I was on the fence as to whether or not I should bother reviewing this series. For one thing, Iâve been avoiding reviews for other recent additions to the genre, like âGhost Adventuresâ and âGhost Labâ based on time constraints. My original reason for covering this show was simply the notion that it would be occupying the timeslot for âGhost Huntersâ. So while I am reviewing this show for now, I make no promises for the future.
To some degree, it bothers me that thousands of people signed up to be trained as a TAPS investigator. Some of them may be thinking that it would be one way to bring better techniques and methodology to the team, or at least some innovation. But I'm willing to bet that most of them look to TAPS as the best in the business, just like the voiceover at the beginning of the episode tells us they are. And that means that the ongoing technical and investigative shortcomings as seen on âGhost Huntersâ will continue to dominate the field.
This is especially true when they say that the recruits can't learn what they're about to learn from books. That's simply not true. A lot of the âtheoriesâ put out by TAPS and a lot of other groups out there were originally passed down in books and traditions over the years, and these days, there are dozens of books about how to conduct paranormal investigations. Some of them are actually better in terms of explaining the whys and wherefores.
I also find it very interesting that this search for a new member of the TAPS family is essentially about finding a new sixth member of GHI. (Fans of âGhost Hunters Internationalâ know that the sixth member of the team changes more frequently than the drummer for Spinal Tap.) Was that made clear to the people who signed up for this little boot camp?
I call it a boot camp because for an âacademyâ, thereâs hardly any instruction taking place. And all five of these recruits could use some serious instruction. Iâm just not sure that Steve and Tango are the right ones to be giving pointers on how to conduct investigations. The two of them are such frat boys on âGhost Huntersâ that itâs hard to take them seriously as hardass paranormal drill sergeants.
To be fair, I think Steve brings up a lot of good points, especially when he calls the recruits out for not paying attention or falling into psychological traps. The problem is that we see the entire TAPS team violate a lot of those rules on a regular basis. For example, in the episode that aired on the very same night, we see the investigative teams sitting down, staring in the same direction. It happens all the time on the show. If these recruits are all fairly new to the field and learned most of what they know from âGhost Huntersâ, who is to blame for their poor investigative skills?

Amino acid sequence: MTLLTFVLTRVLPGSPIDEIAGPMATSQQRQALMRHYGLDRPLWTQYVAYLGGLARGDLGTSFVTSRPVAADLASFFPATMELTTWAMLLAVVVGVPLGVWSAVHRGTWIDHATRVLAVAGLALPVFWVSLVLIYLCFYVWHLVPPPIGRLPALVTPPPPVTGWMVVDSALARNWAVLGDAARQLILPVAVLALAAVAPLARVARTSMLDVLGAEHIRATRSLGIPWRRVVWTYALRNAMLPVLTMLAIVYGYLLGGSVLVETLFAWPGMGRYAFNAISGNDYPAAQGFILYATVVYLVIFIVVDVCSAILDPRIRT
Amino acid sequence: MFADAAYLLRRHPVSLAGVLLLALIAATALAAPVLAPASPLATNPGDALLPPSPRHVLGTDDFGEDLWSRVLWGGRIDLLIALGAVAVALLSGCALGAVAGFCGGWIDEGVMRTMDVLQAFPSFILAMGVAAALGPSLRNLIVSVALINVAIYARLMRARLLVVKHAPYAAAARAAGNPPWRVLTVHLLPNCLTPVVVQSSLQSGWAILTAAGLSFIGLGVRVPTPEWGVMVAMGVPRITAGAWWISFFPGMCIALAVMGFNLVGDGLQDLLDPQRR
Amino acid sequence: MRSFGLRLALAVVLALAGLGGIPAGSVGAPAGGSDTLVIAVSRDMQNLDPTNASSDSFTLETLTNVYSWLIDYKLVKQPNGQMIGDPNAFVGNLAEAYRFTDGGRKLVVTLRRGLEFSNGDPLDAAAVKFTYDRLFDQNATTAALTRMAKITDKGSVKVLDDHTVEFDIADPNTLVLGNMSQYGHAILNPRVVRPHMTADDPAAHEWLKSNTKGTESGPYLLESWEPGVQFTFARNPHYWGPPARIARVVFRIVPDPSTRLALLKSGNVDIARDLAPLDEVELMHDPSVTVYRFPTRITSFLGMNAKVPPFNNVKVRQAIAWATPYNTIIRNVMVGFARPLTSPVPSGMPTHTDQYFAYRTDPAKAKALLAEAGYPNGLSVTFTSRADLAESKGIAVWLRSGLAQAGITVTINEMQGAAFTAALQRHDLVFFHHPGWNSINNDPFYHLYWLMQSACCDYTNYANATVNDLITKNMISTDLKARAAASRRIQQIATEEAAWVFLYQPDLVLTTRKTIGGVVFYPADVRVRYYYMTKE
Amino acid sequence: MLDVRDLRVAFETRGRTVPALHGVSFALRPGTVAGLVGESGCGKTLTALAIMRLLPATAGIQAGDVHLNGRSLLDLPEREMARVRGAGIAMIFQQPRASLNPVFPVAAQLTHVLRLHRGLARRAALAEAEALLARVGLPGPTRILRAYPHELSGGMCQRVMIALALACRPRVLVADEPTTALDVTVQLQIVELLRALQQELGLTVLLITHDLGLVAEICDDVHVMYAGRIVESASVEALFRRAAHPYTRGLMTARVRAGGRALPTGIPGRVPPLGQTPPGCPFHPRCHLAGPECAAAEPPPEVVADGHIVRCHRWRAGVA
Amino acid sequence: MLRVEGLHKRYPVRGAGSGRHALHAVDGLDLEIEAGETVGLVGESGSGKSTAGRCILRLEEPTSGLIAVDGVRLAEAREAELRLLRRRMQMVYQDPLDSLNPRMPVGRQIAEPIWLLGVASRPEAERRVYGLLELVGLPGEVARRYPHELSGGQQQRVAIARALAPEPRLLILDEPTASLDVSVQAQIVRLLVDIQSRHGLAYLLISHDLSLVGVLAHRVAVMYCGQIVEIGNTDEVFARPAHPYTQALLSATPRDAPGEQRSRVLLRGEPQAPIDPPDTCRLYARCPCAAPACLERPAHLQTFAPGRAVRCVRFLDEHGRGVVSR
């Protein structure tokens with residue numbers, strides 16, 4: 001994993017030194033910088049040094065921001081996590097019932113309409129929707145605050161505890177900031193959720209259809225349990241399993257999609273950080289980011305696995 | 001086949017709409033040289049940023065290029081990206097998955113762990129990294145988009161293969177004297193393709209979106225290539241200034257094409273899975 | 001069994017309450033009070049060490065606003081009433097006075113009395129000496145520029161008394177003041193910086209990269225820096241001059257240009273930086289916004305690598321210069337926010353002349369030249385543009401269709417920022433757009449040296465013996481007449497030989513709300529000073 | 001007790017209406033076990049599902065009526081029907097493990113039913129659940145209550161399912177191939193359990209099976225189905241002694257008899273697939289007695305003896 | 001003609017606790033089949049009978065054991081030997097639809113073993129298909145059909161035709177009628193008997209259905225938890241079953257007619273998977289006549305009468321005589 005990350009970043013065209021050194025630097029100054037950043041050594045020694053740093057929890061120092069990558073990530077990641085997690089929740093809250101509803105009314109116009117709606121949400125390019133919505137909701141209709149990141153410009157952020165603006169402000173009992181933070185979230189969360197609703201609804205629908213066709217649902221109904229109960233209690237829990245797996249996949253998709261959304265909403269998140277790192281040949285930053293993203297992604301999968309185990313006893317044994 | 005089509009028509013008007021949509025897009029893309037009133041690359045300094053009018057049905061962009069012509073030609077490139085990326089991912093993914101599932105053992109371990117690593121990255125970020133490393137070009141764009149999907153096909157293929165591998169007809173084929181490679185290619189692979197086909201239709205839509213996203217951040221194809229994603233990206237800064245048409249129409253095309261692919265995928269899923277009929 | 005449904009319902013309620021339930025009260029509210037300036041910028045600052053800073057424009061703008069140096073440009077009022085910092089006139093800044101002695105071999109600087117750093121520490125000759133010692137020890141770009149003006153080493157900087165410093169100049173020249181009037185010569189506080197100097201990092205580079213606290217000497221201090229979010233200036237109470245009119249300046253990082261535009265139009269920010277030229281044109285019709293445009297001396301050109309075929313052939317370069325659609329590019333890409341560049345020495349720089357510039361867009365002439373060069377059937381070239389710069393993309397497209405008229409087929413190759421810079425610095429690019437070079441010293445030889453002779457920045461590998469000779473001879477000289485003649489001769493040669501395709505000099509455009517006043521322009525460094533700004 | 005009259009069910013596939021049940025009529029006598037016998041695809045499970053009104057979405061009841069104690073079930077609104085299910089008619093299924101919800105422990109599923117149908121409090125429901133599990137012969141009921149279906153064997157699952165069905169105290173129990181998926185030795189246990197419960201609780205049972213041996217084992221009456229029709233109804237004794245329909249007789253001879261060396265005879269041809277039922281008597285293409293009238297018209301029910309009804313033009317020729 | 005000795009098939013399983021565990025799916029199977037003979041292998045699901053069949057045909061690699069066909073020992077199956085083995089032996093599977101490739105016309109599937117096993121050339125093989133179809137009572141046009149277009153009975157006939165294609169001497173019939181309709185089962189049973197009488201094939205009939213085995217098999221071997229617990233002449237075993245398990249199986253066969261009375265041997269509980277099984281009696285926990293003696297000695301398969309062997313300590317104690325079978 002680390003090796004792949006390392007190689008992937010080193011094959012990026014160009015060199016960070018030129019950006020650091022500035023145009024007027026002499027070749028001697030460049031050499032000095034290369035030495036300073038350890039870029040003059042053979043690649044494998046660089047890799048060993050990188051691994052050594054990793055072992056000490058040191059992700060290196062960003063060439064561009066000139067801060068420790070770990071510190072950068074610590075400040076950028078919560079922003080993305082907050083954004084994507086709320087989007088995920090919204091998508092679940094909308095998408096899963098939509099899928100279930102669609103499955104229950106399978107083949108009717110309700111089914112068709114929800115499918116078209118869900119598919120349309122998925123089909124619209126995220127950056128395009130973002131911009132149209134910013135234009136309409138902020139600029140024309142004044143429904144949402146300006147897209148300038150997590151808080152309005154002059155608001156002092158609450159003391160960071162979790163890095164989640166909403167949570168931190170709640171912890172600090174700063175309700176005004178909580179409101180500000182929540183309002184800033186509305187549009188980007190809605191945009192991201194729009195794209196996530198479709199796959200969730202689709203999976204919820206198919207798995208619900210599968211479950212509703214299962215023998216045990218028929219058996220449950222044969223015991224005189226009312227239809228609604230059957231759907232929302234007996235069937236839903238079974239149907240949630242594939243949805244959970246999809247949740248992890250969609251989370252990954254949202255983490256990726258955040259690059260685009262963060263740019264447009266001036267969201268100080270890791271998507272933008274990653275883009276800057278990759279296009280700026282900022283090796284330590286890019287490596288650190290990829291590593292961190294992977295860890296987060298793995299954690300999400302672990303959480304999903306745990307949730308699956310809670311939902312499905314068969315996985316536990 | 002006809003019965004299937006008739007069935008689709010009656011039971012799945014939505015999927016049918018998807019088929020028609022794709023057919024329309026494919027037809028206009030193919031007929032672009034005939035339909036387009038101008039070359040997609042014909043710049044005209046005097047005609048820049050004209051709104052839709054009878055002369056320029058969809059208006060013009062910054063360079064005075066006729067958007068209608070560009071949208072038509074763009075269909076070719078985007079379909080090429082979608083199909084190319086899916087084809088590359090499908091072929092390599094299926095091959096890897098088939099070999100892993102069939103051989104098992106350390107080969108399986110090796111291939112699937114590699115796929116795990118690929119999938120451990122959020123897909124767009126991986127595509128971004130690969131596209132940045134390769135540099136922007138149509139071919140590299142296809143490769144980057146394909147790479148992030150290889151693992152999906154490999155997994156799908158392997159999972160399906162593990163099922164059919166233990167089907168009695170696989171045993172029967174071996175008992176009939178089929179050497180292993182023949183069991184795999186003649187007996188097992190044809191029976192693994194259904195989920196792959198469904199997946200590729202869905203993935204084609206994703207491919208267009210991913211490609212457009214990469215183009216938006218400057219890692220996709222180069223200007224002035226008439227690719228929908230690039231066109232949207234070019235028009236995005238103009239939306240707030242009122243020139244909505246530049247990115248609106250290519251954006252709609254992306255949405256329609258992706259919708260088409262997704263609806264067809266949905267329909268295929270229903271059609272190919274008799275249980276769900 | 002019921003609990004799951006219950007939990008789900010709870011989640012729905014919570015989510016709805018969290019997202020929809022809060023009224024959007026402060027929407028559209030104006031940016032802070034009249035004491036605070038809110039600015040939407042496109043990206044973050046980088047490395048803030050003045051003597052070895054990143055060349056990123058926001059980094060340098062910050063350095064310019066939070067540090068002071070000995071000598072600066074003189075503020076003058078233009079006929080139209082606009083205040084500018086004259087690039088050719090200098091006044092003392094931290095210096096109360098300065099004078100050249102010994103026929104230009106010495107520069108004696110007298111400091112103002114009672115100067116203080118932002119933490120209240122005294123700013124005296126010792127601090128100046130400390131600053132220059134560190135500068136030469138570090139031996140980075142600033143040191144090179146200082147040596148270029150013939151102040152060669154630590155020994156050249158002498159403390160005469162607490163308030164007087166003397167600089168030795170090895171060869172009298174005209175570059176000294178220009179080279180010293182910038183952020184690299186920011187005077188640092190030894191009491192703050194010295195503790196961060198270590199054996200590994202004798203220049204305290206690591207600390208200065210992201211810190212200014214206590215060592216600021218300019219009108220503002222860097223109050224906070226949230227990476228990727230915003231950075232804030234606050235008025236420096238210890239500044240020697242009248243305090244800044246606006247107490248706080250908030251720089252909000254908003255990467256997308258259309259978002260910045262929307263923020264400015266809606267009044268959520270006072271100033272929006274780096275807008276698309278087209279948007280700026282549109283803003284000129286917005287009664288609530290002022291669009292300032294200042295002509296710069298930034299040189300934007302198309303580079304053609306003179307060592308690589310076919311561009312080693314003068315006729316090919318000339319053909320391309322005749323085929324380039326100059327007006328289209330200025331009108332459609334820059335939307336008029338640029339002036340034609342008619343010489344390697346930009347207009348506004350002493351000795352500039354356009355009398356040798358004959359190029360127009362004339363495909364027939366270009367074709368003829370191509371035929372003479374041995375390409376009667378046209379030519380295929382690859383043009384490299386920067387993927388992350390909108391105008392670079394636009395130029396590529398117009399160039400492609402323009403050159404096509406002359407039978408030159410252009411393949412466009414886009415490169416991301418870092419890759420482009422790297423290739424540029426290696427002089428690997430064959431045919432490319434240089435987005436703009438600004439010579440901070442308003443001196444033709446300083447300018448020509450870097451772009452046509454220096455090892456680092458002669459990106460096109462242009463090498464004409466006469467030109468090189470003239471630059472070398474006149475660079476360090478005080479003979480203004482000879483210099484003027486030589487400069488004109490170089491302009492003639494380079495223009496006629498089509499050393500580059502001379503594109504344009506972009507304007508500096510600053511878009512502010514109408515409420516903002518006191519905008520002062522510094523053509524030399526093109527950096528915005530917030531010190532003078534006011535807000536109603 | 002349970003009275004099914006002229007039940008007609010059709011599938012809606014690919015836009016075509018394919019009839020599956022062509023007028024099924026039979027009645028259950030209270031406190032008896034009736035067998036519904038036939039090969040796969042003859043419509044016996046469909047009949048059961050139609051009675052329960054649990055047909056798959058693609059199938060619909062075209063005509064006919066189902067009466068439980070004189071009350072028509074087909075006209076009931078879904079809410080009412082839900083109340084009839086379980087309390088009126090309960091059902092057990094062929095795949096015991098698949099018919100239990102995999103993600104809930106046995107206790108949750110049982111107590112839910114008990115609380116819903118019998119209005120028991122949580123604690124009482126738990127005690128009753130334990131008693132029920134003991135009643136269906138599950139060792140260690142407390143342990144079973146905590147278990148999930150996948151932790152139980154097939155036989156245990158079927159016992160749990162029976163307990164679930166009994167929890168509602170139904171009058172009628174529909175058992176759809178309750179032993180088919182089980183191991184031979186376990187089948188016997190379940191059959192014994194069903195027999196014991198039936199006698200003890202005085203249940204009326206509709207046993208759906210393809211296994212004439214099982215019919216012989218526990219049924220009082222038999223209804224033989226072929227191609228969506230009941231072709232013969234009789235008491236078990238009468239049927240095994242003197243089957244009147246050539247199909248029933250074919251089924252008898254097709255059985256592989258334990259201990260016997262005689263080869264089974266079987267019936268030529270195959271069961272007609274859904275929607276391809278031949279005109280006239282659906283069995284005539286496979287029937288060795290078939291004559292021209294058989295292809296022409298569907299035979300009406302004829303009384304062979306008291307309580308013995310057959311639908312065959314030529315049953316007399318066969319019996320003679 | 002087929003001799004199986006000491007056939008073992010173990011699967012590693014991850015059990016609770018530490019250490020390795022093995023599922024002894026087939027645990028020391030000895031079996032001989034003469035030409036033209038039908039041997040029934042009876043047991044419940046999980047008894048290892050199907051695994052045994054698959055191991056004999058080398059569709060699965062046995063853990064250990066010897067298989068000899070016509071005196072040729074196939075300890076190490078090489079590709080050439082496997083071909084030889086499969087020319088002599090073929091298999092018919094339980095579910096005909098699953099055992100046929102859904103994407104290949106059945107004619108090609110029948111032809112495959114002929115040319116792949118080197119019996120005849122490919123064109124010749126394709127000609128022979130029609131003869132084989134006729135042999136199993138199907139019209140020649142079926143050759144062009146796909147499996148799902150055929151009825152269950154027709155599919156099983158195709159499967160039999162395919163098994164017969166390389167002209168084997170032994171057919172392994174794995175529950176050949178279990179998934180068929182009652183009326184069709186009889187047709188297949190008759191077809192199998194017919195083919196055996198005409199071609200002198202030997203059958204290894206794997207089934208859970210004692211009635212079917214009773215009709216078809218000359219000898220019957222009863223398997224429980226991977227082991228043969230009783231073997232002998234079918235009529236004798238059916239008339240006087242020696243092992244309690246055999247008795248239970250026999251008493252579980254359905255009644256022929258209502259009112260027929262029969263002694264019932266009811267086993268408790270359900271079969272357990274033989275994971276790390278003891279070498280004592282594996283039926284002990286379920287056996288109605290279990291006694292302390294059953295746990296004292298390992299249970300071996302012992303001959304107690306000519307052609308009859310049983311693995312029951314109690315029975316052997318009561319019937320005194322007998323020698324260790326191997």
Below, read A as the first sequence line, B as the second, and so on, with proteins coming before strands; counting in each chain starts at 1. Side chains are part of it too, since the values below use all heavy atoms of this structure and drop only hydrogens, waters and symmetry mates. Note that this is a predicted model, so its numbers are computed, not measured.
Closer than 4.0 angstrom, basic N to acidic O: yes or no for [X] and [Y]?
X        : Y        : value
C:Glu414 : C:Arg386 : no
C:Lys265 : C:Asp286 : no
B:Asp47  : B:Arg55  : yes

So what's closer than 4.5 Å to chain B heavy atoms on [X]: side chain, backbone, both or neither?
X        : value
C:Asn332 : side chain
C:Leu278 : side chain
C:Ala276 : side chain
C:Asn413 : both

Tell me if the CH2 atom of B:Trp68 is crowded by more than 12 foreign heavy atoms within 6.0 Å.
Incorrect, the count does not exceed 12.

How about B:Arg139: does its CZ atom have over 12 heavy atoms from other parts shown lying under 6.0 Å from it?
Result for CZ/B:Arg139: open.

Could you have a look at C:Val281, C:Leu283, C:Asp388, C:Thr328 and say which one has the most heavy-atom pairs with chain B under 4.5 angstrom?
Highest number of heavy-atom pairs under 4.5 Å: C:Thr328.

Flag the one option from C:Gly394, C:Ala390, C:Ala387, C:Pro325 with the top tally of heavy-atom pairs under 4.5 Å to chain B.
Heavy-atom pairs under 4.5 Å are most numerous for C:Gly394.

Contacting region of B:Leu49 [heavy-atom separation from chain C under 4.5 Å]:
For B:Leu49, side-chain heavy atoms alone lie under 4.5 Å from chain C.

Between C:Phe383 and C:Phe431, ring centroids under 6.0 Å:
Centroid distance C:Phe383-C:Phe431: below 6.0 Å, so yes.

(As an aside, why does TAPS use MiniDV cameras when the current technology is mostly direct flash memory and hard drive cameras, including affordable HD cameras? I understand that there is a benefit to physical media, in terms of maintaining a master copy, but proper digital data maintenance is a given in the commercial world today. Applying similar safeguards and protocols to the paranormal investigative field wouldn't be that difficult, and it would eliminate the problem of changing out tapes every 30-60 minutes.)
I also found it hard to swallow when Steve talked about how wrong it is to pass mistakes off onto someone else. Steve has been shown doing that in the past, especially when Brian Harnois was part of the TAPS team. One might assume that he has learned his lesson in the years since those incidents, but it still left me wondering. On the other hand, I think itâs important to realize that people are capable of learning from their mistakes, and they are capable of changing their mind. (Just as they are capable of falling into patterns and making poor choices.)